Photo of Vera Krstevski

Vera Krstevski

Access issues come up often enough in America. Depending on the disease, many times there are agencies or organizations in place to help patients in need overcome these hurdles. Outside of the United States, it is not always easy or even difficult to access treatment for a rare cancer. It can be downright impossible. Factors like cost, patient population, and bureaucratic red tape can lead to restrictions on a patient’s ability to afford or even get a prescription for drugs like Gleevec, Sutent and others.

Vera Krstevski was diagnosed with GIST in August 2007 in her native Macedonia, where the Ministry of Health had not prioritized funding treatment costs for rare diseases like GIST. This created a situation in which most patients are left to find other ways to access life-saving treatment.

She had her first gastrectomy shortly after diagnosis; one year later, she had a recurrence and a second operation. Vera started 400mg of Gleevec in January 2009 and spent two years on the drug, managing to increase her dosage to 800 mg (after discovering an exon 9 mutation) through perseverance and donations from generous friends and patients (You can read more about this story in our April 2010 newsletter issue).

Eventually Vera was shifted to Sutent and then on to other drugs when the progression continued. Though she tried tremendously to get ahead the disease, Vera passed away peacefully on December 17, 2011.

It may seem as if for the duration of her illness, she knew only struggle and financial hardship, and that may be true. However, through the exhaustive endeavors of Vera and her family, collaboration with the CML community, talks with health authorities and a huge media campaign to create more awareness about access, Gleevec was put on the treatment reimbursement list and future GIST & CML patients have been left with the gift of access to a lifesaving drug.

What Vera and her devoted son, Dejan inspired in Macedonian GISTers and non-GISTers alike was nothing short of a miracle.

“The GIST & CML communities in Macedonia really came together. What they were able to do was an inspiration to patient advocates everywhere,” said LRG Global Relations Director, Sara Rothschild, who worked with closely with Dejan on this campaign, “The passion and the steadfastness that Dejan had for saving his mother motivated me as I continued working with the global GIST community.” Dejan, too, is not done yet, “We have another fight ahead of us that will be much harder, putting Sutent on the reimbursement list. We have already started [working] together with RCC patients that are also affected by lack of access to Sutent. The fight goes on.”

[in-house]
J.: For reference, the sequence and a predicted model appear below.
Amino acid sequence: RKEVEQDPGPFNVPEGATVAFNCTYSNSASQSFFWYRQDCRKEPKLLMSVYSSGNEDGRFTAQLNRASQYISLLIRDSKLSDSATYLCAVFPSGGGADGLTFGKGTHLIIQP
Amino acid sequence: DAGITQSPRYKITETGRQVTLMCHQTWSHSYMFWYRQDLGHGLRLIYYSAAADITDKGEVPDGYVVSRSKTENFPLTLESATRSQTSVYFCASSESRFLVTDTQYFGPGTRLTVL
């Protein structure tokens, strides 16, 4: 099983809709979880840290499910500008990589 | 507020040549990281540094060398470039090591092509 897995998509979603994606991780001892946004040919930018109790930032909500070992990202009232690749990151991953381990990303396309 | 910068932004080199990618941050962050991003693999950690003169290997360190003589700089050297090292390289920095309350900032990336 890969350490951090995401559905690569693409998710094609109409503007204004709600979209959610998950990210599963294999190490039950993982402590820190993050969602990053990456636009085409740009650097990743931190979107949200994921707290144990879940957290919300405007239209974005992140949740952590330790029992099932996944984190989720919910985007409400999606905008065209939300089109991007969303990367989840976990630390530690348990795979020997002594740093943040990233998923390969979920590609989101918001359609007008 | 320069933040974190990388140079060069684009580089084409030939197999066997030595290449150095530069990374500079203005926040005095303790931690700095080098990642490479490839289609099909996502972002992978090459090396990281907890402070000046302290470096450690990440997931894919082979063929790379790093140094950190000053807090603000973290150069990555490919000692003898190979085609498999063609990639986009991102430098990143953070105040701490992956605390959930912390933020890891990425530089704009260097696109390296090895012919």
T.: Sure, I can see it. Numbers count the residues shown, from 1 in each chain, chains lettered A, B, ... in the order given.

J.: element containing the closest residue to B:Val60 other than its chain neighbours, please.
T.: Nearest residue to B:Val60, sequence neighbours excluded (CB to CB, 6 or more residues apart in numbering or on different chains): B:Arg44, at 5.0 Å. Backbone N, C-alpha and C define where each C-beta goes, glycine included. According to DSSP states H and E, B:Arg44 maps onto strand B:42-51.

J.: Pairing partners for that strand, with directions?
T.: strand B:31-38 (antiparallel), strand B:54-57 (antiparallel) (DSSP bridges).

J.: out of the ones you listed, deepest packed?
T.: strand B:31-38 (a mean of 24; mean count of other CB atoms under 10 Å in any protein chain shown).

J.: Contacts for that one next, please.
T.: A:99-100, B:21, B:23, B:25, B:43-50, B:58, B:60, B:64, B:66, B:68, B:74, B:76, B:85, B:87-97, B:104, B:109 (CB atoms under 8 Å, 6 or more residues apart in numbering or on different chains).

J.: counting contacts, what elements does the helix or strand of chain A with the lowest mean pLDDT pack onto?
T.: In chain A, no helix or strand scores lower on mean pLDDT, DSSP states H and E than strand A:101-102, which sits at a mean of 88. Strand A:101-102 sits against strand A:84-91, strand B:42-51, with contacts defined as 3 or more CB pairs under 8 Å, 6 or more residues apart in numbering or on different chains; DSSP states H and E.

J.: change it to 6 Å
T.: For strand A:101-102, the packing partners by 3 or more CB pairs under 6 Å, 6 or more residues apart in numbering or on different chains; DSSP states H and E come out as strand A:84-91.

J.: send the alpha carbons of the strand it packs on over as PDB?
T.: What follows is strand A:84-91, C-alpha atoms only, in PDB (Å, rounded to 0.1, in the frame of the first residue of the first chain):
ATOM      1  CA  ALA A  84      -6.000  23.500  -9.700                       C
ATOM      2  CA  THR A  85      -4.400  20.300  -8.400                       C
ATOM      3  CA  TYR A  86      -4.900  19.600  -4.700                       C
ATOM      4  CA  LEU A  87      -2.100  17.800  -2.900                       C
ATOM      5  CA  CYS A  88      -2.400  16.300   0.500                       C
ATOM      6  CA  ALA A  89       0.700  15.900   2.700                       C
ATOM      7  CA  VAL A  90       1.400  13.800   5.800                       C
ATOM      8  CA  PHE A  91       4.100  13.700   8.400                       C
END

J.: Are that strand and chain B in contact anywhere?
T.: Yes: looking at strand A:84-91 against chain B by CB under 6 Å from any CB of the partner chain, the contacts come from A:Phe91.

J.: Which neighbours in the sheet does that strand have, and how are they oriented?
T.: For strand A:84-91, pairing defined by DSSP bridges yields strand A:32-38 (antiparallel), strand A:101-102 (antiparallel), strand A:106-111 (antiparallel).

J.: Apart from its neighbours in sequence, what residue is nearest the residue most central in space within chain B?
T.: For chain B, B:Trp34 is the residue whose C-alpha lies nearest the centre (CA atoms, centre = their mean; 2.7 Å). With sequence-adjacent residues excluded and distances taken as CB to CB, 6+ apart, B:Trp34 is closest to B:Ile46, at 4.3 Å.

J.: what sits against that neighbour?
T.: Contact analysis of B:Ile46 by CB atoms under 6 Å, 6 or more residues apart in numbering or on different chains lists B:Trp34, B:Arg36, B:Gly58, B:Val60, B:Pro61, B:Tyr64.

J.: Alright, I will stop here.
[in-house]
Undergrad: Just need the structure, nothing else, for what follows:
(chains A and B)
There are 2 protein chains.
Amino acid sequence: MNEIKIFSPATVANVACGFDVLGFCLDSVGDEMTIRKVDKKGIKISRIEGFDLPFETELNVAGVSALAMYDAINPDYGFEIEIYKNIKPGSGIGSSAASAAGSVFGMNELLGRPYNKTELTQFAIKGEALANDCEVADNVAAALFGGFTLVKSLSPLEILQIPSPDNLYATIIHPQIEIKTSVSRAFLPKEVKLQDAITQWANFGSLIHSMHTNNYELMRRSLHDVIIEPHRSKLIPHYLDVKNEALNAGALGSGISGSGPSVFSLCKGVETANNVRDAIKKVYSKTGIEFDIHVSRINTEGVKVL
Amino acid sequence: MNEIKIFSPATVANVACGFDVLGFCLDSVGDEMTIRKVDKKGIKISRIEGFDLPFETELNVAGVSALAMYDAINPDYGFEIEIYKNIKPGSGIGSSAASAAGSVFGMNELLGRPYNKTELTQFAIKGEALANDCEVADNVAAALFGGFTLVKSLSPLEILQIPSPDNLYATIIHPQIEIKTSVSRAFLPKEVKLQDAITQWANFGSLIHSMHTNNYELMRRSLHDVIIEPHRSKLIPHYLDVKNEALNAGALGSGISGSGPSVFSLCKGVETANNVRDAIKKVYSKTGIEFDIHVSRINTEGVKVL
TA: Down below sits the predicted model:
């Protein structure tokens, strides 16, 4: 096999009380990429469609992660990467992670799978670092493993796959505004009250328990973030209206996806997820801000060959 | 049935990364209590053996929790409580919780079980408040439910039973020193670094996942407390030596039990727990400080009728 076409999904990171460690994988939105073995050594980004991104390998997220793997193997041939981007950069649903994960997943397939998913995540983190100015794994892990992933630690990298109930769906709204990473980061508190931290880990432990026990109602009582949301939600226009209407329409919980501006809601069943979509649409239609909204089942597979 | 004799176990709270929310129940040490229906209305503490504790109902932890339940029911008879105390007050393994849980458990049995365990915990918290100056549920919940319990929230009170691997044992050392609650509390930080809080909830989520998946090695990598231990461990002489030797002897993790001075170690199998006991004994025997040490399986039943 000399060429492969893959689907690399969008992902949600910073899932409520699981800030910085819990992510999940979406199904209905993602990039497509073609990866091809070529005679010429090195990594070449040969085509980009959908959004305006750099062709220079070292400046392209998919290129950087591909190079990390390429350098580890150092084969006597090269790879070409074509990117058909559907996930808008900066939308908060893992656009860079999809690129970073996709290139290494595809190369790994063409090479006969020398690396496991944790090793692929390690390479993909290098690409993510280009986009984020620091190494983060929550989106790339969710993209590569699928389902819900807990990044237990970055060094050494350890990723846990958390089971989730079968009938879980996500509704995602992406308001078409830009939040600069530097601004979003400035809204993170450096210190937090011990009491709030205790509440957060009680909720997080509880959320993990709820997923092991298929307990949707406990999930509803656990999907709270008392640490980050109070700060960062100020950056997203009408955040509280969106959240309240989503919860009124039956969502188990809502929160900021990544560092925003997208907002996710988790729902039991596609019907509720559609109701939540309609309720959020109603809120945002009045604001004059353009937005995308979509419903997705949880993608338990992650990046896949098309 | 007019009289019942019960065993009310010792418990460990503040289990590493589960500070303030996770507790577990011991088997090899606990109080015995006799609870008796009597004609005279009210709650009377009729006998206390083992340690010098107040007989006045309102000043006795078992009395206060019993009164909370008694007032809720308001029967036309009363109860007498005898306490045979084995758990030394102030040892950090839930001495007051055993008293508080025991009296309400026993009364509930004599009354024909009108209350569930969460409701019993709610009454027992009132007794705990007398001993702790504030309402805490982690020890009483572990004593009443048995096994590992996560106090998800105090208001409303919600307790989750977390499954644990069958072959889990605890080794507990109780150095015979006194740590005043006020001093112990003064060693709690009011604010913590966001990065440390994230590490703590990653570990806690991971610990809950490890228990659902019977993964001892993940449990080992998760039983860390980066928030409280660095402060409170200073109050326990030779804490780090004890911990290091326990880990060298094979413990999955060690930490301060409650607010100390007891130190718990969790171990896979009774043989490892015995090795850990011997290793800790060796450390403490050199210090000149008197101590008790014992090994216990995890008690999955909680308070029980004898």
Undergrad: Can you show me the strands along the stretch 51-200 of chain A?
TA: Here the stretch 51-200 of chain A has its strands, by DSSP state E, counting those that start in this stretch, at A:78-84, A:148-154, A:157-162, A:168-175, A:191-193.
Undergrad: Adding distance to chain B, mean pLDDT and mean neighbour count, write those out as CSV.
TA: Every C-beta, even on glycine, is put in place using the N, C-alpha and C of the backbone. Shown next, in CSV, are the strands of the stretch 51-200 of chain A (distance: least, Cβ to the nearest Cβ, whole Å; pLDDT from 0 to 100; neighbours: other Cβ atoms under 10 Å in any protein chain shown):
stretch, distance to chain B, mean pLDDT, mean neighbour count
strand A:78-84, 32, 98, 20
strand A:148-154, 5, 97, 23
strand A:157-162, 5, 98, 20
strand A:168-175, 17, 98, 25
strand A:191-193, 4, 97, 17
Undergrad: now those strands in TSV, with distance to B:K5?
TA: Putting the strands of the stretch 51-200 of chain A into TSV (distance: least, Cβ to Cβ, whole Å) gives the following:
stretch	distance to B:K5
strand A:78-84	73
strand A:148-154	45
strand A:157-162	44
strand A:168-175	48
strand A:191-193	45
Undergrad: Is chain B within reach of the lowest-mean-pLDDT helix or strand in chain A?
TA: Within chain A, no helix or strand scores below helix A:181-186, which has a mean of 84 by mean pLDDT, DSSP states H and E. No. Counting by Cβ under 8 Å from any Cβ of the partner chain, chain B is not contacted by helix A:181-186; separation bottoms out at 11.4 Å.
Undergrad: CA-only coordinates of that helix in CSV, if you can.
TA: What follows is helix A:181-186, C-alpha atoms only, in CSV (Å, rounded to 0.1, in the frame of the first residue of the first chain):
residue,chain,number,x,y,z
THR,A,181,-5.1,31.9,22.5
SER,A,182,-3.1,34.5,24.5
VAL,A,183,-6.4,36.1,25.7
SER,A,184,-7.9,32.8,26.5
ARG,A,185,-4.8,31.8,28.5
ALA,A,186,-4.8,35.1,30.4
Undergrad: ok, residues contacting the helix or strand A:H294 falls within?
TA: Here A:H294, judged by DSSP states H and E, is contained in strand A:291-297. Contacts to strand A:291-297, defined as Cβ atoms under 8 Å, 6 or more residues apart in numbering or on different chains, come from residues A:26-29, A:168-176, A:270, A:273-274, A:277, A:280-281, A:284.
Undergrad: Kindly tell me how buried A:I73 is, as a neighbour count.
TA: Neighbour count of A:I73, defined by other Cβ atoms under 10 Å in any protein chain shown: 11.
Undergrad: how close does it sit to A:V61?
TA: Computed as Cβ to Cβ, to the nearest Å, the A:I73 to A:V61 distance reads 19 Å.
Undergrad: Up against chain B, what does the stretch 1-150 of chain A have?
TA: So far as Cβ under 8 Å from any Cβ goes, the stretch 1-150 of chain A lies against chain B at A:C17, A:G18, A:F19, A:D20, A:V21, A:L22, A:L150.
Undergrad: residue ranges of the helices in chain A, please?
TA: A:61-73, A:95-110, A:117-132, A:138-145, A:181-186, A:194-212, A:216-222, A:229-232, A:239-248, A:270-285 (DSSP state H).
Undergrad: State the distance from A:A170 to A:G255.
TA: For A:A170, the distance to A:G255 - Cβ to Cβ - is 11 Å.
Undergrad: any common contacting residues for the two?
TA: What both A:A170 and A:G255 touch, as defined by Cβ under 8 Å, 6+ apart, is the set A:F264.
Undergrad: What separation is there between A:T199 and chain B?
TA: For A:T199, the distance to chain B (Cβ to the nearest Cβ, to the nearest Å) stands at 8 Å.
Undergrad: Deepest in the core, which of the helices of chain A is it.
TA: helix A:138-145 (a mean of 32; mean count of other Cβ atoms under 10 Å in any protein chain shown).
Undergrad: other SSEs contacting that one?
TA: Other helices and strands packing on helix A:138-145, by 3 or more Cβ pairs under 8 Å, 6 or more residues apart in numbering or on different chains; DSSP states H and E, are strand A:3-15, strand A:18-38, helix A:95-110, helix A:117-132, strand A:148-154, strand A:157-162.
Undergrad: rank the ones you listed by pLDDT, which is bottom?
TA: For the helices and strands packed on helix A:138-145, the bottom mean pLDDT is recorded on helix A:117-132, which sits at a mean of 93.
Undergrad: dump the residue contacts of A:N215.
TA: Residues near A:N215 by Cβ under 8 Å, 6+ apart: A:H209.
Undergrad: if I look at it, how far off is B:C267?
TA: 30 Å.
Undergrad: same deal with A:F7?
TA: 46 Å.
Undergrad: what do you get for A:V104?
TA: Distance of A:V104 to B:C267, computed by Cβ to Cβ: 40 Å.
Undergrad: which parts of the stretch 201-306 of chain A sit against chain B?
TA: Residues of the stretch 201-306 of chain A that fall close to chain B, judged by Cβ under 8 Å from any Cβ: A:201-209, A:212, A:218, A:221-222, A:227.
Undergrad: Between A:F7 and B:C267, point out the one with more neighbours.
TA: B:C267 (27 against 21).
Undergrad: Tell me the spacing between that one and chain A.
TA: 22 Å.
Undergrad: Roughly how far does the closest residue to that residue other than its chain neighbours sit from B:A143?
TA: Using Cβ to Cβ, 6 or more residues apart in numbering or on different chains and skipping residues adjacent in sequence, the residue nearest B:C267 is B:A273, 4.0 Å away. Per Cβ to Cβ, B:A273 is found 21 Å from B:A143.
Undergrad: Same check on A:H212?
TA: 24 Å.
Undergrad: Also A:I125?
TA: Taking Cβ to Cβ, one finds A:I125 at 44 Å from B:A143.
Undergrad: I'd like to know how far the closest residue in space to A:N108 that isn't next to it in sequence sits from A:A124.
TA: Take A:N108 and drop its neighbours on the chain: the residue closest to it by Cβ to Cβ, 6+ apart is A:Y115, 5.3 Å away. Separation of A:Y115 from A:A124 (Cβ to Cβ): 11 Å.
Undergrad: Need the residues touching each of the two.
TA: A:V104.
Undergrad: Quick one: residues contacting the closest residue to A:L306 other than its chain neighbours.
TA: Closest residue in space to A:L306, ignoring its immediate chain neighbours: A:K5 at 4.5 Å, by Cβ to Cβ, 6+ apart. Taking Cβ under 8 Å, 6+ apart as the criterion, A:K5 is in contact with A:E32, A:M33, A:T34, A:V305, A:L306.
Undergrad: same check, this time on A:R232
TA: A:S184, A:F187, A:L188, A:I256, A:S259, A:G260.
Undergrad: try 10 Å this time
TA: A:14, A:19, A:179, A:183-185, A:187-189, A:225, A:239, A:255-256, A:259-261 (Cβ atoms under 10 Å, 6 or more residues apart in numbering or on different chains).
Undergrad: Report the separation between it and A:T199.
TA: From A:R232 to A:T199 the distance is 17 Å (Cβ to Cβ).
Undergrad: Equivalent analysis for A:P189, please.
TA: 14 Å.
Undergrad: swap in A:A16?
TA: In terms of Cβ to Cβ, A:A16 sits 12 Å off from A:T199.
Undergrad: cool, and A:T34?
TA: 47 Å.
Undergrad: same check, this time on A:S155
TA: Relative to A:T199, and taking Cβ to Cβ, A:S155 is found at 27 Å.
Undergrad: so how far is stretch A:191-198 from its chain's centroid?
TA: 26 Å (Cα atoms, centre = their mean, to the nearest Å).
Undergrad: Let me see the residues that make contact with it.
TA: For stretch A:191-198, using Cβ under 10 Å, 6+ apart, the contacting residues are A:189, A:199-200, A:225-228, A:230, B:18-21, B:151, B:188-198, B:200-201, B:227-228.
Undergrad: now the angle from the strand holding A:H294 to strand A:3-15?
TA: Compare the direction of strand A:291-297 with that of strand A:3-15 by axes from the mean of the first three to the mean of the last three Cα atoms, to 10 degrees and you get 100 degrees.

Rafael Becerra was never highlighted in our newsletter, but he was well known in the GIST community and widely loved by all who knew him.

He started out like many GIST patients, faced with a diagnosis they were not prepared for. After his initial surgery, he continued his normal life, but in his spare time he began to study his disease, to learn what treatments were available and how to manage the side-effects they produce. In a relatively short amount of time, Rafa, as he was known to his friends and colleagues, accomplished much.

In his comings and goings to treatment appointments, Rafa began to meet other people who had the same disease, like Rafael Vega. Together, they decided to create the Colombian GIST Foundation ( ), for the purpose of educating and informing patients and medical providers and raising awareness about treatments and sideeffects management.

Never tiring, “The Rafaels” and Fundacion GIST Colombia joined other Latin American countries to form Alianza GIST, an alliance aimed at improving the knowledge base and standards of care for all Latin American GIST patients.

In the course of his various duties in Colombia and Latin America as a whole, including visiting the homes of every GIST patient who joined his organization, Rafa’s progression began to spread and overcome his GIST treatment in the summer of 2011 and he passed away on December 8, but as his brother, Jairo, said in a final note on Rafa’s blog, “He left a legacy of struggle, perseverance and positivism against the adverse circumstances that life presents to us.”

This is obvious from Dr. Vega’s beautiful eulogy to Rafa, where he proudly announced, “Rafa was the first GIST patient in Latin America to persuade the Social Security office in Colombia to get medicine approved for his GIST treatment, which was not yet approved in the world. He was an example for all patients with cancer.”

Alianza GIST Coordinator, Vicky Ossio once said, “Although it is terrible; GIST has allowed us to know people as exceptional as Rafael Becerra.”

As for Rafa, he chose the way he would approach life and even death when he announced to his brother, “I will leave the day that I have to, not before.”

It will never be fair to lose GIST warriors like Vera & Rafa, but the GIST community can take comfort in the lasting gifts they left for us.

The world will not be the same without them, but it is forever changed thanks to them.